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  • The Enigmatic Lady Pudentilla
  • Vincent Hunink

Roman literature, like Roman society in general, was dominated by males. From this “men’s world” only a few women seem to stand out as individuals. Hence it is not surprising that whenever a Roman text presents a marked female personality, the relevant data from the text are readily used by scholars to reconstruct her biography.

This is certainly the case for Aemilia Pudentilla, the wife of the famous orator and Platonic philosopher Apuleius of Madauros, who lived in Africa in the third quarter of the second century a.d. Between the lines of his extant speech Pro Se de Magia, commonly known as the Apology, Apuleius seems to provide much information about his wife. And in fact, we do not know, about any other woman from this period and this province, even approximately as much as we know about Pudentilla.

Thus Pudentilla has become quite popular among modern historians of her place and time, perhaps even more so than her husband. She appears in many studies on the social and economic history of the Roman Empire.1 In 1992 Andreas Gutsfeld devoted a lengthy article expressly to her, in which he attempted a reconstruction of her manifold possessions and her commercial activities, in the context of the economic mentality of the upper class to which she belonged. Even more recently, Elaine Fantham (1995) has attempted to correct Apuleius’ picture of his wife and to examine the situation from Pudentilla’s point of view.

Relevant and interesting as these approaches may be, some caution seems due here. It must be realized that we know absolutely nothing about Pudentilla from any other, independent source: every single detail is derived from Apuleius’ speech. More important, however, is [End Page 275] that the Apology is not an official document but a judicial speech, which is, moreover, characterized by a strongly literary color. Historians have not always taken these special circumstances sufficiently into account.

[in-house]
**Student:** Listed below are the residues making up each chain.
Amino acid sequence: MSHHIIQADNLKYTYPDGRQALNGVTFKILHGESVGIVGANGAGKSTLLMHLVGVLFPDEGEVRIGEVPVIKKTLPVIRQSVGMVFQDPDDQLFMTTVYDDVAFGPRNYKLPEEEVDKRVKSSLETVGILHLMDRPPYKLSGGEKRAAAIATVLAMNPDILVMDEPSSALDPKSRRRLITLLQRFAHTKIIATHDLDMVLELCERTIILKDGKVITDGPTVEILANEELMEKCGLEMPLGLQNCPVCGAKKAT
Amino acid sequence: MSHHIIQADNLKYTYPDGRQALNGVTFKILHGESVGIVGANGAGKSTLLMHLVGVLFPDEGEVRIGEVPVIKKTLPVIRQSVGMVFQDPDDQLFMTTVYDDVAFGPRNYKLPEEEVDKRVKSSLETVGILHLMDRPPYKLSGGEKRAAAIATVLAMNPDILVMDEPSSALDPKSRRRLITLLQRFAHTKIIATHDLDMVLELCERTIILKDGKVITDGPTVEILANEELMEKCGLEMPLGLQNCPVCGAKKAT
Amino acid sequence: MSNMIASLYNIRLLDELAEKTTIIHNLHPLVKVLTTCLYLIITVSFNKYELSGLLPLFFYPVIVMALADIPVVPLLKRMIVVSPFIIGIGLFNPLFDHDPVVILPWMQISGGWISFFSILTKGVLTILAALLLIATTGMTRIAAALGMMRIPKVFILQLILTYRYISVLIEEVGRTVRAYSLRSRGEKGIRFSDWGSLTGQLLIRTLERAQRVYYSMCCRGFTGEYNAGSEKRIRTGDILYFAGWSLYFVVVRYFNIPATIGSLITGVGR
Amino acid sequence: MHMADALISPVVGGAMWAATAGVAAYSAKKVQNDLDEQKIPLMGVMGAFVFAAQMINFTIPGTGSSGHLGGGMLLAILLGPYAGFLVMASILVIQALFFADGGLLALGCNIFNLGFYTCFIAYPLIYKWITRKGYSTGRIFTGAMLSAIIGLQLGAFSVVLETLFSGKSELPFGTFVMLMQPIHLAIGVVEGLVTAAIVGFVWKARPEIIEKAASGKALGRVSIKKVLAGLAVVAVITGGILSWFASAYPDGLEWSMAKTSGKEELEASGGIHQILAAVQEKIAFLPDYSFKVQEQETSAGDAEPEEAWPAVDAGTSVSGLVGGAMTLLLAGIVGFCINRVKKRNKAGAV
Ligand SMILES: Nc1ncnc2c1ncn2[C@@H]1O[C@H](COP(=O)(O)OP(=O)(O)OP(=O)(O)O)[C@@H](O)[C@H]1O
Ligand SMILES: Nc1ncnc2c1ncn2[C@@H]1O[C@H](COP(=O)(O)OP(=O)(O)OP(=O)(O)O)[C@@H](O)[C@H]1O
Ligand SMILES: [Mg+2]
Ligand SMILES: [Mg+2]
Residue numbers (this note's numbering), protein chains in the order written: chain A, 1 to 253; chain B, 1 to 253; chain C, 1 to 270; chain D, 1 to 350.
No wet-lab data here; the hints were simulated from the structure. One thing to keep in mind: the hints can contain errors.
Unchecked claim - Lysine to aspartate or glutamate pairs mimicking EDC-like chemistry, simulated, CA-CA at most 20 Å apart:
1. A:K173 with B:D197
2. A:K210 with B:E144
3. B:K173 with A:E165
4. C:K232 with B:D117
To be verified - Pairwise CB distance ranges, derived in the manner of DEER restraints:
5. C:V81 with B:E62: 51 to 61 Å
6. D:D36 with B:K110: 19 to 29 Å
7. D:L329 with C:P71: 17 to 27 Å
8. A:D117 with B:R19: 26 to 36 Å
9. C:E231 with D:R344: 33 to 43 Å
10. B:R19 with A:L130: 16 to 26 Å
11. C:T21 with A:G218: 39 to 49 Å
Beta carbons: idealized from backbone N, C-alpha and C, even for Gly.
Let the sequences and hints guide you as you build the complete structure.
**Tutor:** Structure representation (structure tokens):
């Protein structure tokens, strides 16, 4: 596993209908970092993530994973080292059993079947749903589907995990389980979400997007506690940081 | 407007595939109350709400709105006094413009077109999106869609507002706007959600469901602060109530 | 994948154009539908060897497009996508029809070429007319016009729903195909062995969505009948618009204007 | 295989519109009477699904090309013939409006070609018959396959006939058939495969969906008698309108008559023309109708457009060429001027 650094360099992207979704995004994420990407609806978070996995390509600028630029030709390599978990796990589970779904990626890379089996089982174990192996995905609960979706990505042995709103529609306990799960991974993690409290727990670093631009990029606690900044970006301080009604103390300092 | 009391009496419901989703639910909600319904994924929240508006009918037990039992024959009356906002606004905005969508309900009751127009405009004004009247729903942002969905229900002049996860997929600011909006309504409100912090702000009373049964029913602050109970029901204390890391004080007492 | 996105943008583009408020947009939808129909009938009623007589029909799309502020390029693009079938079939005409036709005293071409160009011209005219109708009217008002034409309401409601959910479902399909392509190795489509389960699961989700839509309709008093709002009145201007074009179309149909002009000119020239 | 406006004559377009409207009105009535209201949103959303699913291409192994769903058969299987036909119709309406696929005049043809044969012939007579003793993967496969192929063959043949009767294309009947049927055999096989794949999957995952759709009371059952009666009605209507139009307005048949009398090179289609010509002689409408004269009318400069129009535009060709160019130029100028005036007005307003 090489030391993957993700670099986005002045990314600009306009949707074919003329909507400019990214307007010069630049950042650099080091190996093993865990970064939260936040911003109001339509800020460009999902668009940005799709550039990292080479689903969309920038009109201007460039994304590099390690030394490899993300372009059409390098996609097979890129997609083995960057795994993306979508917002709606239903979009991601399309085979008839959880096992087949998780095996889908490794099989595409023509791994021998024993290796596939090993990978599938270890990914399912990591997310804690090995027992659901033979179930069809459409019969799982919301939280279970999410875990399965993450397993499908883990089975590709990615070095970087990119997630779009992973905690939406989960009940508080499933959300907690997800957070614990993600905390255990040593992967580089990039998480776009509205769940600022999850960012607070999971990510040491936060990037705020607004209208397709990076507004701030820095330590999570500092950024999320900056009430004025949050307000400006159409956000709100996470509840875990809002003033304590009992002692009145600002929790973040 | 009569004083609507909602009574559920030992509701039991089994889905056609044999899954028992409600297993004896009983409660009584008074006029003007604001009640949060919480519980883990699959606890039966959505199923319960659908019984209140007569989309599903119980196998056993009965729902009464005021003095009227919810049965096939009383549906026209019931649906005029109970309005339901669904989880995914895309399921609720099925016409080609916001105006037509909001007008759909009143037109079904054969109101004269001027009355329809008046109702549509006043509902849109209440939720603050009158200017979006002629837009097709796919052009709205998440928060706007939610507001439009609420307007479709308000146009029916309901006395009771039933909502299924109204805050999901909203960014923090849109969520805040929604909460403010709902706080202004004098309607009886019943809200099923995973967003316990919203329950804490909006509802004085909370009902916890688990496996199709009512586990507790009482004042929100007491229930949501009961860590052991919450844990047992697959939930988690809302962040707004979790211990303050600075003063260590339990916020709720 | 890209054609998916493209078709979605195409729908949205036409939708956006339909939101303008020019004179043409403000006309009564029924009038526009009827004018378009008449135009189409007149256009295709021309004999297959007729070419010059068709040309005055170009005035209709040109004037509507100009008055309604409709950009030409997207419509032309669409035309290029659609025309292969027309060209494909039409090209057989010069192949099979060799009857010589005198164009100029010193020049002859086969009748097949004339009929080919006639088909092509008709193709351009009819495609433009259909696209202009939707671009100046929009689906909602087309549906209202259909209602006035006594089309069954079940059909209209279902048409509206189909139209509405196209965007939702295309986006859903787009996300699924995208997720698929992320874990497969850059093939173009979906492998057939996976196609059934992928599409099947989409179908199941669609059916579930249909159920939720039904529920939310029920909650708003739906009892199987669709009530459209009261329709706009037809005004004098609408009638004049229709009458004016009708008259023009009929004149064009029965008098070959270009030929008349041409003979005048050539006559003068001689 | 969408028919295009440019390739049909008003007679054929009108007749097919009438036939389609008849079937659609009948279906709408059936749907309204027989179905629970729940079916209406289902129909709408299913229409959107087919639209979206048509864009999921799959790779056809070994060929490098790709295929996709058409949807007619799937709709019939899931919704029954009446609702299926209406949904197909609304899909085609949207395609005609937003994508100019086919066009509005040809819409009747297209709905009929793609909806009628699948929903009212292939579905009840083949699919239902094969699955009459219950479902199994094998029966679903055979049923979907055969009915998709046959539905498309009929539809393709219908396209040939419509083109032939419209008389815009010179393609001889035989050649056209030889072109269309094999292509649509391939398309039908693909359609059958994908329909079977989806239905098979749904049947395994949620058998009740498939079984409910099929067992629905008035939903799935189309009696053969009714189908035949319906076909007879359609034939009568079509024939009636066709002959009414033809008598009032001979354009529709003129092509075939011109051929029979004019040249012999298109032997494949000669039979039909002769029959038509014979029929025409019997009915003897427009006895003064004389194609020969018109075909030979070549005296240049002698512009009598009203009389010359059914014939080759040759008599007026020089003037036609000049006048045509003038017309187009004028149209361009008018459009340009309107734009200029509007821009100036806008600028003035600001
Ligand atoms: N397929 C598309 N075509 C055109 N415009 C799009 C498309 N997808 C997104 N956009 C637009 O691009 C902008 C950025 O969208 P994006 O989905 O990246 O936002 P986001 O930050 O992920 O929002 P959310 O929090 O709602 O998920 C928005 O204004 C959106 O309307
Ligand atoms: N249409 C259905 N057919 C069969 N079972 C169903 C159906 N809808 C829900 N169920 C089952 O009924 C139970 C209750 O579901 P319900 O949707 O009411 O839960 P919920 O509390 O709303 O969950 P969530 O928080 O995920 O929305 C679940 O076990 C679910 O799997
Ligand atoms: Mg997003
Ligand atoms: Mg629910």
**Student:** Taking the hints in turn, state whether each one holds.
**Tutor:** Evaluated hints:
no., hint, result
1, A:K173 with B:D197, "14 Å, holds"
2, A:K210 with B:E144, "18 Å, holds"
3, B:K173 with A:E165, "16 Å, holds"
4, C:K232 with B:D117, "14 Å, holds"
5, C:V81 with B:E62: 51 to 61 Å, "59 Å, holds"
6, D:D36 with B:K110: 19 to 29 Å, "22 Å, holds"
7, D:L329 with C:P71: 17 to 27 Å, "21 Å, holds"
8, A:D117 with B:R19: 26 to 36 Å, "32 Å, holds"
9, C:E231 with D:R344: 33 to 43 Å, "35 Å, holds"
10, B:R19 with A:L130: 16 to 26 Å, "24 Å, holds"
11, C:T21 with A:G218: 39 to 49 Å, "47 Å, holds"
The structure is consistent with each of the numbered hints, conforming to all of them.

Discussion below reviews the most important pieces of information about Pudentilla provided by the text and considers them in relation to the aims and strategies of the speaker. In the end, this will prove to be of some consequence for the portrait of Pudentilla.

There is a crucial problem concerning her, which lies at the heart of the speech. Apuleius’ opponents have suggested that she must have been out of her mind to agree in marrying the much younger, impoverished philosopher Apuleius. Under the influence of magical powers, so they suggested, she was robbed by Apuleius of a great capital (e.g., 67.4).2 He, on the contrary, asserts that she had rational, sensible, and practical arguments to marry him, and that she lost no money to him. So we immediately see two conflicting images of Pudentilla: she is considered either as a bewitched hysteric or as a prudent and responsible lady. Who is the real Pudentilla?

Hard Facts

An entirely reliable answer to this question will always remain out of reach, since we only have Apuleius’ account to go by. Nonetheless, in practice some pieces of information may be taken or inferred from his text. Surely, it contains some elements which seem beyond reasonable doubt.

First, the “previous history” to the marriage, as presented by Apuleius at 66–73, seems clear and plausible.

Apuleius says that he was a friend of Pontianus, Pudentilla’s elder son. On his way to Alexandria, he fell ill in the town Oea, where Pontianus lived. He was forced to stay there for the winter, and there he met Aemilia Pudentilla. She had been a widow for fourteen years by then. From her marriage to Sicinius Amicus she had two sons, Pontianus and Pudens. The boys’ grandfather was legally in charge of them and, moreover, could decide on the inheritance of their father. Being well [End Page 276] aware of this, he put pressure on Pudentilla to marry his second son. Pudentilla, however, had rejected that idea and remained a widow. Only after this grandfather’s death had she become freer to act, as Pontianus had become the legal tutor of his younger brother. She then decided she would remarry, mainly for specific, medical reasons. Pontianus offered...

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pp. 275-291
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